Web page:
“What? Get into the calash?”
“Get in, get in!” I repeated. “I want to make thee a proposition. Get in!... Drive on with me.”
“Well, you command.”—He got in.—“Come, and as for you, my dear friends, respected comrades,” he added to the beggars: “good-bye! Until we meet again!”—Misha took off his kazak cap and made a low bow.—The beggars all seemed to be dumbfounded.... I ordered the coachman to whip up the horses, and the calash rolled on.
This is what I wished to propose to Misha: the idea had suddenly occurred to me to take him into my establishment, into my country-house, which was situated about thirty versts from that posting-station,—to save him, or, at least, to make an effort to save him.
“Hearken, Misha,” said I; “wilt thou settle down with me?... Thou shalt have everything provided for thee, clothes and under-linen shall be made for thee, thou shalt be properly fitted out, and thou shalt receive money for tobacco and so forth, only on one condition: not to drink liquor!... Dost thou accept?”
Misha was even frightened with joy. He opened his eyes very wide, turned crimson, and suddenly falling on my shoulder, he began to kiss me and to repeat in a spasmodic voice:—“Uncle ... benefactor.... May God reward you!...” He melted into tears at last, and doffing his kazak cap, began to wipe his eyes, his nose, and his lips with it.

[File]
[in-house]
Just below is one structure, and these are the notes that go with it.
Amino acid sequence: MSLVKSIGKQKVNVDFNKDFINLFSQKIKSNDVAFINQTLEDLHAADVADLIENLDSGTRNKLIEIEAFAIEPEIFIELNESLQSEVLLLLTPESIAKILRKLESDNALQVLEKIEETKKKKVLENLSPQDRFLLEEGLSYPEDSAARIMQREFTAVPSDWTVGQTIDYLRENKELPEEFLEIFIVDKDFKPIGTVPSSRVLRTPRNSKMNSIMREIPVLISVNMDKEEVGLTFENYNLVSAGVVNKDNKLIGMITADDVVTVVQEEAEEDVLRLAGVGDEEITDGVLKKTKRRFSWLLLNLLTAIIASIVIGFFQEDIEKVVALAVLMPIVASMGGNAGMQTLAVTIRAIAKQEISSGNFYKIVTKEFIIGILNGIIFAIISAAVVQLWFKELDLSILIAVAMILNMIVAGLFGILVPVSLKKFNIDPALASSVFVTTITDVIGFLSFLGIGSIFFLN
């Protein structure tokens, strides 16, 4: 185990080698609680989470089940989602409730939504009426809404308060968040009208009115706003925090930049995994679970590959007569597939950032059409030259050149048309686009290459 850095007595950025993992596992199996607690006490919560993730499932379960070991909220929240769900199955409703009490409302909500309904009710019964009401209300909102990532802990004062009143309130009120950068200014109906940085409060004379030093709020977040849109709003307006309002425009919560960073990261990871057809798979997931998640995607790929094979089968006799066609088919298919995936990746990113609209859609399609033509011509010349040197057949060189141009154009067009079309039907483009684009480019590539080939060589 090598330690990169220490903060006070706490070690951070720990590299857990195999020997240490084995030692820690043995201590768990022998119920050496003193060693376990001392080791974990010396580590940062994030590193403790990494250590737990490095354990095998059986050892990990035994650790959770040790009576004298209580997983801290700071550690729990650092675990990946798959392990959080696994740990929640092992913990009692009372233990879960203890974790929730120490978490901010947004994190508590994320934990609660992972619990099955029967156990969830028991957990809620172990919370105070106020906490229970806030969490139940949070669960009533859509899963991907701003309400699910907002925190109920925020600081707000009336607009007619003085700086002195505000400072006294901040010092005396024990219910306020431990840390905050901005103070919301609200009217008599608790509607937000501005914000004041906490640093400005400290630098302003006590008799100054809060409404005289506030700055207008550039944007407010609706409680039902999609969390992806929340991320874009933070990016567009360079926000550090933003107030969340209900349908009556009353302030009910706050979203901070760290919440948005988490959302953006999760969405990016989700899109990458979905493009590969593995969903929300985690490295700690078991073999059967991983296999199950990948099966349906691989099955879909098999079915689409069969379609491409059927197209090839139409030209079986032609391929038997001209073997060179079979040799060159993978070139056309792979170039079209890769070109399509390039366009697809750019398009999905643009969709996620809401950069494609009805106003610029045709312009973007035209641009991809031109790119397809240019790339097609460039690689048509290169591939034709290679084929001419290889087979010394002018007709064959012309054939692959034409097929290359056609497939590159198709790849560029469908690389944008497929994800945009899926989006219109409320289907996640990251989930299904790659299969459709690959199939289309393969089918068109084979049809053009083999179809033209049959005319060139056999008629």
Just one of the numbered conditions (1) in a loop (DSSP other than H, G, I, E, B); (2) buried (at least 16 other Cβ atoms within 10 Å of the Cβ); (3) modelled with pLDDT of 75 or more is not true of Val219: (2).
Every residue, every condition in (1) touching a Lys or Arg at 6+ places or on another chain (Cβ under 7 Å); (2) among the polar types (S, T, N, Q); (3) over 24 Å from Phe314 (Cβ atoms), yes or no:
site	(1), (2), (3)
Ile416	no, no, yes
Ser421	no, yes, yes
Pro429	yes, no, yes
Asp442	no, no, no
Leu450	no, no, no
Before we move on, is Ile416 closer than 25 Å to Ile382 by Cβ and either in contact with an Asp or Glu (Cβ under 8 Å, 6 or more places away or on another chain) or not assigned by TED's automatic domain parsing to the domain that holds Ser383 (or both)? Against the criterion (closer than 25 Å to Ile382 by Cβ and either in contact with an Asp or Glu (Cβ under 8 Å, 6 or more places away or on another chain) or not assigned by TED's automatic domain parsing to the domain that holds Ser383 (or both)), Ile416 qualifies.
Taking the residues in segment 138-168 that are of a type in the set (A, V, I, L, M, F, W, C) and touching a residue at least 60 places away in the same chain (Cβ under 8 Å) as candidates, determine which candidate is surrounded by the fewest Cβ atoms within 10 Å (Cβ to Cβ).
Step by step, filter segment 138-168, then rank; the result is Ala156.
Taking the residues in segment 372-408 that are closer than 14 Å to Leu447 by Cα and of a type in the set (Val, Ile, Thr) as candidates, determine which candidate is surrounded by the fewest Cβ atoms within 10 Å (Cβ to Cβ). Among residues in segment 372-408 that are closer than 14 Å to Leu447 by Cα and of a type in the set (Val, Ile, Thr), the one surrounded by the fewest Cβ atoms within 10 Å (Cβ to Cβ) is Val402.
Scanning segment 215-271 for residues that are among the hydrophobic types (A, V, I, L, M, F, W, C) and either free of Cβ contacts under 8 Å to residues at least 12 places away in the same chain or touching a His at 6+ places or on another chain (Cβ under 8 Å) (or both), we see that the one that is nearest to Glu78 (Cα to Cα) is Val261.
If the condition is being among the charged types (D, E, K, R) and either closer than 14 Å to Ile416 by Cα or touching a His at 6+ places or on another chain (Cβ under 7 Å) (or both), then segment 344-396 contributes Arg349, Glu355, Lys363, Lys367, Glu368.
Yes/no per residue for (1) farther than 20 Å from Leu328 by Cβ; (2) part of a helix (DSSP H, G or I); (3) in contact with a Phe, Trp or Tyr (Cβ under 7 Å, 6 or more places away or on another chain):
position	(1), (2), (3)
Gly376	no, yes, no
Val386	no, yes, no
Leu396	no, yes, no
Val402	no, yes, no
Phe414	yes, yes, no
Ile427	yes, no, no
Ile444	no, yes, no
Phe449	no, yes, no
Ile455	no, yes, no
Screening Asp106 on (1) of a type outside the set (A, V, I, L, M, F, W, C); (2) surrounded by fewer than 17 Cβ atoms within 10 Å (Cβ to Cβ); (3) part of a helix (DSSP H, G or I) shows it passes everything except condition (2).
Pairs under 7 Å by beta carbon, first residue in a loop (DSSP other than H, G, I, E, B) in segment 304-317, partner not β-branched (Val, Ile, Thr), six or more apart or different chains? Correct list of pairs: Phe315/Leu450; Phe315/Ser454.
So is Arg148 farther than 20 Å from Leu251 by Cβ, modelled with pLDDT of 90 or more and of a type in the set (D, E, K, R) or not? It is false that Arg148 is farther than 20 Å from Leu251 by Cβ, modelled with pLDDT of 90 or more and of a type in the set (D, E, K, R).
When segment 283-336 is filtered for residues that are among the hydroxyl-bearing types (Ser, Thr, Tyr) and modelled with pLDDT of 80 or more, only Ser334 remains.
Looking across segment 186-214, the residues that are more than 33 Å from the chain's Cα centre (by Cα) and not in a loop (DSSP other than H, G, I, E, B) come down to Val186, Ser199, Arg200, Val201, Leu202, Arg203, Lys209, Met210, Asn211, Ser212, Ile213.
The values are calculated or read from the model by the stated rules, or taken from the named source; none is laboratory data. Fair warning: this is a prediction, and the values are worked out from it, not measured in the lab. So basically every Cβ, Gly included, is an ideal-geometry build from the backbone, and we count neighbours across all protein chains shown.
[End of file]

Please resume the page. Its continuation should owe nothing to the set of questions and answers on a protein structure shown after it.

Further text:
“Look out,” I said to him. “Remember the condition—not to drink liquor!”
“Why, damn it!” he exclaimed, flourishing both hands, and as a result of that energetic movement I was still more strongly flooded with that spirituous odour wherewith he was thoroughly impregnated.... “You see, dear uncle, if you only knew my life.... If it were not for grief, cruel Fate, you know.... But now I swear,—I swear that I will reform, and will prove.... Uncle, I have never lied—ask any one you like if I have.... I am an honourable, but an unhappy man, uncle; I have never known kindness from any one....”
At this point he finally dissolved in sobs. I tried to soothe him and succeeded, for when we drove up to my house Misha had long been sleeping the sleep of the dead, with his head resting on my knees.
He was immediately allotted a special room, and also immediately, as the first measure, taken to the bath, which was absolutely indispensable. All his garments, and his dagger and tall kazak cap and hole-ridden shoes, were carefully laid away in the storehouse; clean linen was put on him, slippers, and some of my clothing, which, as is always the case with paupers, exactly fitted his build and stature. When he came to the table, washed, neat, fresh, he seemed so much touched, and so happy, he was beaming all over with such joyful gratitude, that I felt emotion and joy.... His face was completely transfigured. Little boys of twelve wear such faces at Easter, after the Communion, when, thickly pomaded, clad in new round-jackets and starched collars, they go to exchange the Easter greeting with their parents. Misha kept feeling of himself cautiously and incredulously, and repeating:—“What is this?... Am not I in heaven?”—And on the following day he announced that he had not been able to sleep all night for rapture!